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Choosing a Career

(Text compiled from the U.S. Department of Labor website www.bls.gov, NAAHP's Medical Professions Admission Guide: Strategy for Success, 5th edition, and the catalogues for UH’s ten campuses, Brigham Young University at Hawaiʻi, Chaminade University, and Hawaiʻi Pacific University.)

Professional careers in healthcare and law are growing rapidly, not only in terms of the number of jobs available but also in terms of what kinds of jobs are available. Healthcare and law are expected to continue growing, as our population increases and ages.

  • The following careers begin at the post-baccalaureate level (i.e., after you have completed your Bachelors degree) and require a doctoral degree. Those marked with an asterisk (*) are available in Hawai'i. For more information, click on the career that interests you:

* = have schools in Hawaii.

  • The following careers are all offered in Hawai'i. In these fields, you can begin working with a Bachelors or Masters degree, although some continue on to the Doctoral level. For more information, click on the career that interests you:
  • If you are exploring careers, click on one of the following fields for a list of degrees offered in Hawai'i:

Careers in law and healthcare offer exceptional geographic mobility because jobs in these fields are everywhere. These fields also offer relatively high stability: jobs may last for many years, and because demand in both fields is rising, new jobs are being added.

Law and healthcare are both fairly stratified, although that is slowly changing. Each career has a set number of years spent in training, a specific degree required to practice, and an income range related to the amount of training required. Levels of independence and authority also vary with each career, with doctoral levels offering the most.

In terms of vertical mobility, careers in law and healthcare tend to be static, tied to the degree completed. In general, you train for and remain in a specific career: medical technicians are not “promoted” to doctors any more than paralegals are “promoted” to lawyers. Changing careers requires additional education, training, and licensing. Physicians and lawyers tend to head their careers' hierarchies; other careers usually serve in support positions or as related specialists.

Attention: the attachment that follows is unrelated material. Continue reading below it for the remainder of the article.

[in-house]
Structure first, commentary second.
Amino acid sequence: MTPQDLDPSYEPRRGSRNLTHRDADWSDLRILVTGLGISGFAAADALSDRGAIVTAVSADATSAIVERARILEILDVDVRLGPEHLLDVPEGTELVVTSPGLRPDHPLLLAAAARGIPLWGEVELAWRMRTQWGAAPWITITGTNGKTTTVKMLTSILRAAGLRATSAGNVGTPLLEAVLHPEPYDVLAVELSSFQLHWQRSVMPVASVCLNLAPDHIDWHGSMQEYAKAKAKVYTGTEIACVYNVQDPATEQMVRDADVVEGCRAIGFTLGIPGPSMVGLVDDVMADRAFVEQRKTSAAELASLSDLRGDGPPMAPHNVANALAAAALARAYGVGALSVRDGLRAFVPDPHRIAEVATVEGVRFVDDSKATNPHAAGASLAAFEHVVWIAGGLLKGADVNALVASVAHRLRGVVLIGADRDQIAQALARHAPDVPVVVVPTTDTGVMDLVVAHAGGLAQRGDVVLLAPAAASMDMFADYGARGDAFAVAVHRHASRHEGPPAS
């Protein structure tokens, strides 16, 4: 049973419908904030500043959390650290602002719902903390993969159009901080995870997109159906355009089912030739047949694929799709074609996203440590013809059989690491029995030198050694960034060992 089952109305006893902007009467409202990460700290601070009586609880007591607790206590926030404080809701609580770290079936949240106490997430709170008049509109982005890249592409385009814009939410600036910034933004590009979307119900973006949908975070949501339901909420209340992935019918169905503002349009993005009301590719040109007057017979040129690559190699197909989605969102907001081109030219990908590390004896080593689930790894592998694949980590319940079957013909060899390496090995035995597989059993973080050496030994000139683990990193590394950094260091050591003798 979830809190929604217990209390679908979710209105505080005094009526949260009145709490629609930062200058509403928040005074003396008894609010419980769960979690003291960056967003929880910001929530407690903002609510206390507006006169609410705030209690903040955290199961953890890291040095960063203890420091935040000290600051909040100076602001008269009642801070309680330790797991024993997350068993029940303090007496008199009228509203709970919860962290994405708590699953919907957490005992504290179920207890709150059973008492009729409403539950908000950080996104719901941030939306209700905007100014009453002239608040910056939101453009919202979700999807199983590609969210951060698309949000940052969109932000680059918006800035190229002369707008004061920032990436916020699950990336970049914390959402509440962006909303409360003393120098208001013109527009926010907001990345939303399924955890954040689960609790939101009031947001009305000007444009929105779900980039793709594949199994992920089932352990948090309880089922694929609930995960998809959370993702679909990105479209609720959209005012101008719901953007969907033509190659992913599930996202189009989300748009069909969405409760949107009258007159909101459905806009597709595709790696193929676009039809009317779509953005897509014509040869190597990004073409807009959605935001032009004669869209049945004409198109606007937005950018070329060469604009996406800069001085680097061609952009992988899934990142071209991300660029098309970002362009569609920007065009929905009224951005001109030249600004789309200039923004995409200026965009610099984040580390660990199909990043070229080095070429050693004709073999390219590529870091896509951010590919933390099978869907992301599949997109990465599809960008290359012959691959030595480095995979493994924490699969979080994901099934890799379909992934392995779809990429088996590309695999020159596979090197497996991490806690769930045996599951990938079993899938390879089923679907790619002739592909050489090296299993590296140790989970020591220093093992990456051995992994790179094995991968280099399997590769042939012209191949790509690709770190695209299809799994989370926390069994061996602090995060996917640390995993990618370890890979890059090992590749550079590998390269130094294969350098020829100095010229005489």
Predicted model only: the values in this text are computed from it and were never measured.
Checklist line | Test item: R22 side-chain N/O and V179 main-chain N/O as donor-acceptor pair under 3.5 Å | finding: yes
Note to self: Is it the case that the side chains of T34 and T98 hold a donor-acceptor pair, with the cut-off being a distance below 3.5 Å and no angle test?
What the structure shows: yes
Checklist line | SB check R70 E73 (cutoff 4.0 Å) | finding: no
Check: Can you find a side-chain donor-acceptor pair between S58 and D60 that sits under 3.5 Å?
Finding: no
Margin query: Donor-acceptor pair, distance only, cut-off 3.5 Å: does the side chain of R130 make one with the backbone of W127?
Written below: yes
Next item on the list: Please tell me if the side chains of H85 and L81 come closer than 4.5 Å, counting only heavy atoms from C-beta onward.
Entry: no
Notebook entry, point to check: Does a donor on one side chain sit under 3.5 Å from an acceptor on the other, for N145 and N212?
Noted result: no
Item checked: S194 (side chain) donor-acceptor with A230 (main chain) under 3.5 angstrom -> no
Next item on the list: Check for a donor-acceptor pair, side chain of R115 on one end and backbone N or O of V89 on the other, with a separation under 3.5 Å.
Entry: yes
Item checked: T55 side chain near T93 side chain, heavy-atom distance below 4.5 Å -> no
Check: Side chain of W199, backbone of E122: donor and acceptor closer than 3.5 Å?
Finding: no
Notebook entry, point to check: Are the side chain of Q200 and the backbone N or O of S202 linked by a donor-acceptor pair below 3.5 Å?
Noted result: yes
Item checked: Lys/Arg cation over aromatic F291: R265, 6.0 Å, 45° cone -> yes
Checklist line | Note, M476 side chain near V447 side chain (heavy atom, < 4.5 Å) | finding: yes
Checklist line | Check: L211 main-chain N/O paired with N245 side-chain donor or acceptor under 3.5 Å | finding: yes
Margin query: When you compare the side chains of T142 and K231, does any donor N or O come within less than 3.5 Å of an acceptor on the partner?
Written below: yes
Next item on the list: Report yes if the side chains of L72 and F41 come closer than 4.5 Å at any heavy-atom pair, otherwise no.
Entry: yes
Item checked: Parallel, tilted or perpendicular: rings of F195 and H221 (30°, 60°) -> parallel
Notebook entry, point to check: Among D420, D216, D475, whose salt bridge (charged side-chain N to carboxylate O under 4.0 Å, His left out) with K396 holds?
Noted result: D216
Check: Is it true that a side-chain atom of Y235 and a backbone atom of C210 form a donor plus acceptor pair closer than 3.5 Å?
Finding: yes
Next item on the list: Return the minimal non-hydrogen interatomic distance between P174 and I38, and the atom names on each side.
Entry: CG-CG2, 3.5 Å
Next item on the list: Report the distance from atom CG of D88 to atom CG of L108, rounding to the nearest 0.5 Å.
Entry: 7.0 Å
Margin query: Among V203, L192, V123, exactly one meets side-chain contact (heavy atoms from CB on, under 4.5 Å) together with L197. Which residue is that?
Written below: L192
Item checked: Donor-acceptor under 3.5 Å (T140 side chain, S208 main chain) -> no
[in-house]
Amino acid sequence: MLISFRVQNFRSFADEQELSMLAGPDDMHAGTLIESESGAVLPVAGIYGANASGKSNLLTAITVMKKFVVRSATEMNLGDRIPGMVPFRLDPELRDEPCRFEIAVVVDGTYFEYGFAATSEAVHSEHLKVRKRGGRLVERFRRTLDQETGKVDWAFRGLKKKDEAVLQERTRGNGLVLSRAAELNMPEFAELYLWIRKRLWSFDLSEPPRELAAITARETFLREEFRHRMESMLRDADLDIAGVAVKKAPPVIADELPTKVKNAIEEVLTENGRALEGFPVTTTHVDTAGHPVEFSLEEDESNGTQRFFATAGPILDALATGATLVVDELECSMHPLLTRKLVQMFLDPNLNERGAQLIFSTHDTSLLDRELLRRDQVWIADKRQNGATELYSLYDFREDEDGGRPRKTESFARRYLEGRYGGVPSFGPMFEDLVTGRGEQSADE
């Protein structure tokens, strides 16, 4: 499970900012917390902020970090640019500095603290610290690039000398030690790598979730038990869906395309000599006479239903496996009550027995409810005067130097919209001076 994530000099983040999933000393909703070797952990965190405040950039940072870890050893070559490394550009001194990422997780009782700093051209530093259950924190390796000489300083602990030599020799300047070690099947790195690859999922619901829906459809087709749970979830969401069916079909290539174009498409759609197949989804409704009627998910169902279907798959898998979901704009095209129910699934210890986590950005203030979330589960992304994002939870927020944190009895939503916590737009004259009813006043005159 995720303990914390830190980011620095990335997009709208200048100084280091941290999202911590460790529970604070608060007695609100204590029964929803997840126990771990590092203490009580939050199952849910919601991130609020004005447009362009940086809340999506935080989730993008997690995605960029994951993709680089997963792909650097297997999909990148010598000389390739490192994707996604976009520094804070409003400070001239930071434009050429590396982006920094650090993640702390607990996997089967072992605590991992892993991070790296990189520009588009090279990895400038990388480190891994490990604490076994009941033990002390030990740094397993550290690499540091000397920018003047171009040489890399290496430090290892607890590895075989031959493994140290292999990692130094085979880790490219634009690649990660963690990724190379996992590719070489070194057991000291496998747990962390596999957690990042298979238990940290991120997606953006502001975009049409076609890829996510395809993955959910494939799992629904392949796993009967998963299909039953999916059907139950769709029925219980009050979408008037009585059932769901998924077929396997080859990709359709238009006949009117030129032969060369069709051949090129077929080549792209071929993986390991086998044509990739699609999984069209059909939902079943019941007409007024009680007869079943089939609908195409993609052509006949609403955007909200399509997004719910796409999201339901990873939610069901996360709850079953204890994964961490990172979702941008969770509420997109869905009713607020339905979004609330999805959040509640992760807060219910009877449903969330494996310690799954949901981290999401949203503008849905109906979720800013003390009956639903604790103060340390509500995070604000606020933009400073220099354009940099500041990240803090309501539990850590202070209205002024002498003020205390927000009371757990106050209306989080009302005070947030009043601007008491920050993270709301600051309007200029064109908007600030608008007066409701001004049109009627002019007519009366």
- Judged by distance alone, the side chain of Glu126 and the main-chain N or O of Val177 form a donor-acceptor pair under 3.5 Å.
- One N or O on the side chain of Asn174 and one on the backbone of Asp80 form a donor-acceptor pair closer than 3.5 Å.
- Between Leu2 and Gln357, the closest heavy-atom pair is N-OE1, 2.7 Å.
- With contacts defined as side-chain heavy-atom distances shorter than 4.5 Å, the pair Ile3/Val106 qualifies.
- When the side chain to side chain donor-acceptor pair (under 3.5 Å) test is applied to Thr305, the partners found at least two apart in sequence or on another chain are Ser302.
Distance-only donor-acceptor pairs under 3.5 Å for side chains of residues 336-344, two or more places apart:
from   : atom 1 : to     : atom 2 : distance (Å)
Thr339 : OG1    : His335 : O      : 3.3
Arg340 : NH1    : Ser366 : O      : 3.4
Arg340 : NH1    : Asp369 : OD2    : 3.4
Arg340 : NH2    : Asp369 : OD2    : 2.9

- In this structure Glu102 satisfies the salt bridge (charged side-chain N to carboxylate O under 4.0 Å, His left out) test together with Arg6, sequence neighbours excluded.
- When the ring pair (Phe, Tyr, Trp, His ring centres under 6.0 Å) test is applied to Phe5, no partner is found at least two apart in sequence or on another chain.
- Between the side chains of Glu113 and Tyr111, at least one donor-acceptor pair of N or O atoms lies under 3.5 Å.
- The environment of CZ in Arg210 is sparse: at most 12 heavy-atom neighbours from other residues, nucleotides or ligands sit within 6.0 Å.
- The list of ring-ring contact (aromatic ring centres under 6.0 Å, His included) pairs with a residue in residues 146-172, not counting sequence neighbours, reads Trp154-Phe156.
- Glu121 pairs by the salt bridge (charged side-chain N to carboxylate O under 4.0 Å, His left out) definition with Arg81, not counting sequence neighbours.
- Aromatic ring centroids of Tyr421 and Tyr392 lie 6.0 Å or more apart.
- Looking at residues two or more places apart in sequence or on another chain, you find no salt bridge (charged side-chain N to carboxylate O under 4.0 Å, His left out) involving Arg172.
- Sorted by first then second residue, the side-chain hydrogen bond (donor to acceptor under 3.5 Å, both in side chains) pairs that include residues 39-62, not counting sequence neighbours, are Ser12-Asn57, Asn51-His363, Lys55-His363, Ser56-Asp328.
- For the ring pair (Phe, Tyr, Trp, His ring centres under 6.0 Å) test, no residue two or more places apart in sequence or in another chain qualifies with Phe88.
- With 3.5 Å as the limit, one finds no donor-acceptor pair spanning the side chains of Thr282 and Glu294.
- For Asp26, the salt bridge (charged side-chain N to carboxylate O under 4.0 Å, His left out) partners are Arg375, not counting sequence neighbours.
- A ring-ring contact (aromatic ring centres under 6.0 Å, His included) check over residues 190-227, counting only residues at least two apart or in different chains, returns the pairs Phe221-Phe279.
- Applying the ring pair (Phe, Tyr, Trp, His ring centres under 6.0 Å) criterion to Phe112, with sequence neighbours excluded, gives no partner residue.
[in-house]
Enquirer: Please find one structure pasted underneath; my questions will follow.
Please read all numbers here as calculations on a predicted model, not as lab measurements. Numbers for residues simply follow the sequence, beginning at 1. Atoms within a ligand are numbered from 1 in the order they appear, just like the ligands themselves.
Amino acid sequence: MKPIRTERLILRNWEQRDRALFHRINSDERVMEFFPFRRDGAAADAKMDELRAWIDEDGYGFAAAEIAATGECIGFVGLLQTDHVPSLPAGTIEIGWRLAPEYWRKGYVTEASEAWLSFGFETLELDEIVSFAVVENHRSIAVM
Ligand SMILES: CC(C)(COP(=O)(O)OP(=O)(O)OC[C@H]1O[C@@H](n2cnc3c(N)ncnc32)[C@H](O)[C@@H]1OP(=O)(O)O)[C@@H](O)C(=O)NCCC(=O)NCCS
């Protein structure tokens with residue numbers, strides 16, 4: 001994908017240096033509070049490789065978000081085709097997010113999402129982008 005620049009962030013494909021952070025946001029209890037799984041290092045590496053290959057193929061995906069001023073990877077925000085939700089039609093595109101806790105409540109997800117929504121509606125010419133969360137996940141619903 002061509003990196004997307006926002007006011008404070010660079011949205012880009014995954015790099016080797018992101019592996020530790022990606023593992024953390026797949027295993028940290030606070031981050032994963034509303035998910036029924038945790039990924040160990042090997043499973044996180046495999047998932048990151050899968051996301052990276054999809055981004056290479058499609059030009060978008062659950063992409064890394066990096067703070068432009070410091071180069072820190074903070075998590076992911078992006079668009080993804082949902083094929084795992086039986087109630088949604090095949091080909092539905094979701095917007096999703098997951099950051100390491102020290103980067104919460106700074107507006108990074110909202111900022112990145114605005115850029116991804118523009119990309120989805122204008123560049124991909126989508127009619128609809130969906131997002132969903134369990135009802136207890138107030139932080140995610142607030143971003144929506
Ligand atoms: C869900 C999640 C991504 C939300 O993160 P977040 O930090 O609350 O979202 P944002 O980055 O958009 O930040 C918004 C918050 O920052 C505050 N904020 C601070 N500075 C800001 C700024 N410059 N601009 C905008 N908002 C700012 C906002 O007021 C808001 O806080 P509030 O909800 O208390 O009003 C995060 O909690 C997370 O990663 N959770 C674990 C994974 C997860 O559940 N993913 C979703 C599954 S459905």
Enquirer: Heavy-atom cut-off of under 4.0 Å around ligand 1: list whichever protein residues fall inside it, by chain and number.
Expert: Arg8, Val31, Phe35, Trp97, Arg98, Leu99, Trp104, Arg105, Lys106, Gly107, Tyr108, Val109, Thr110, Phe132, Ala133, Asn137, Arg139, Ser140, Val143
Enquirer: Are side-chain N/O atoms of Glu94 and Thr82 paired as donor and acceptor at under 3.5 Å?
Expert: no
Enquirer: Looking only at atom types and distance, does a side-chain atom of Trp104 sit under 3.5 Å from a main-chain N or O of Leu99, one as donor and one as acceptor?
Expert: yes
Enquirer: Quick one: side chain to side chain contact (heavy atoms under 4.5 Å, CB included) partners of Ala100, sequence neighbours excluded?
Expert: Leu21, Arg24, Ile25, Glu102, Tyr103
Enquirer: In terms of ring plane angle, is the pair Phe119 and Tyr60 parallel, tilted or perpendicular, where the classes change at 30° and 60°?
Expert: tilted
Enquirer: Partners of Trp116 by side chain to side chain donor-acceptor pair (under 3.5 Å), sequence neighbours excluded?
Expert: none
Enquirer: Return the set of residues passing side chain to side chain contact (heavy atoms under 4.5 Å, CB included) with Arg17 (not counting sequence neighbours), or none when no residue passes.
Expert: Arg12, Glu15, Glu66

Choose the career you ultimately want, even if the path is long. Particularly in healthcare, schools are sometimes reluctant to accept workers from fields that are in short supply. For example, because of the current nursing shortage, some medical schools resist admitting nurses unless the applicants have compelling reasons to change careers.

Generally speaking, pre-health students should keep their options open as long as possible and prepare for several fields simultaneously. As an entering Freshmen, you should have 4-6 possible fields in mind; by the end of your Sophomore year, you should narrow that list down to 2-3 fields; by the end of your Junior year, which is when you begin applying, you should have one "first choice" field plus an alternative plan.

For more information on what to consider when choosing a career in healthcare,

  • discuss your options with an academic advisor;
  • visit PAC to discuss types of jobs and degree levels, and to reserach various careers; and
  • read Chapter 1 of NAAHP's Health Professions Admissions Guide: Strategy for Success, 6th edition; a copy is available in PAC.

For more information on what to consider when choosing a career in law,

  • discuss your options with an academic advisor;
  • visit PAC to discuss types of jobs and degree levels, and to research various careers; and
  • read Careers in Law by Munneke; a copy is available in PAC.

For exploring other careers related to health or science,

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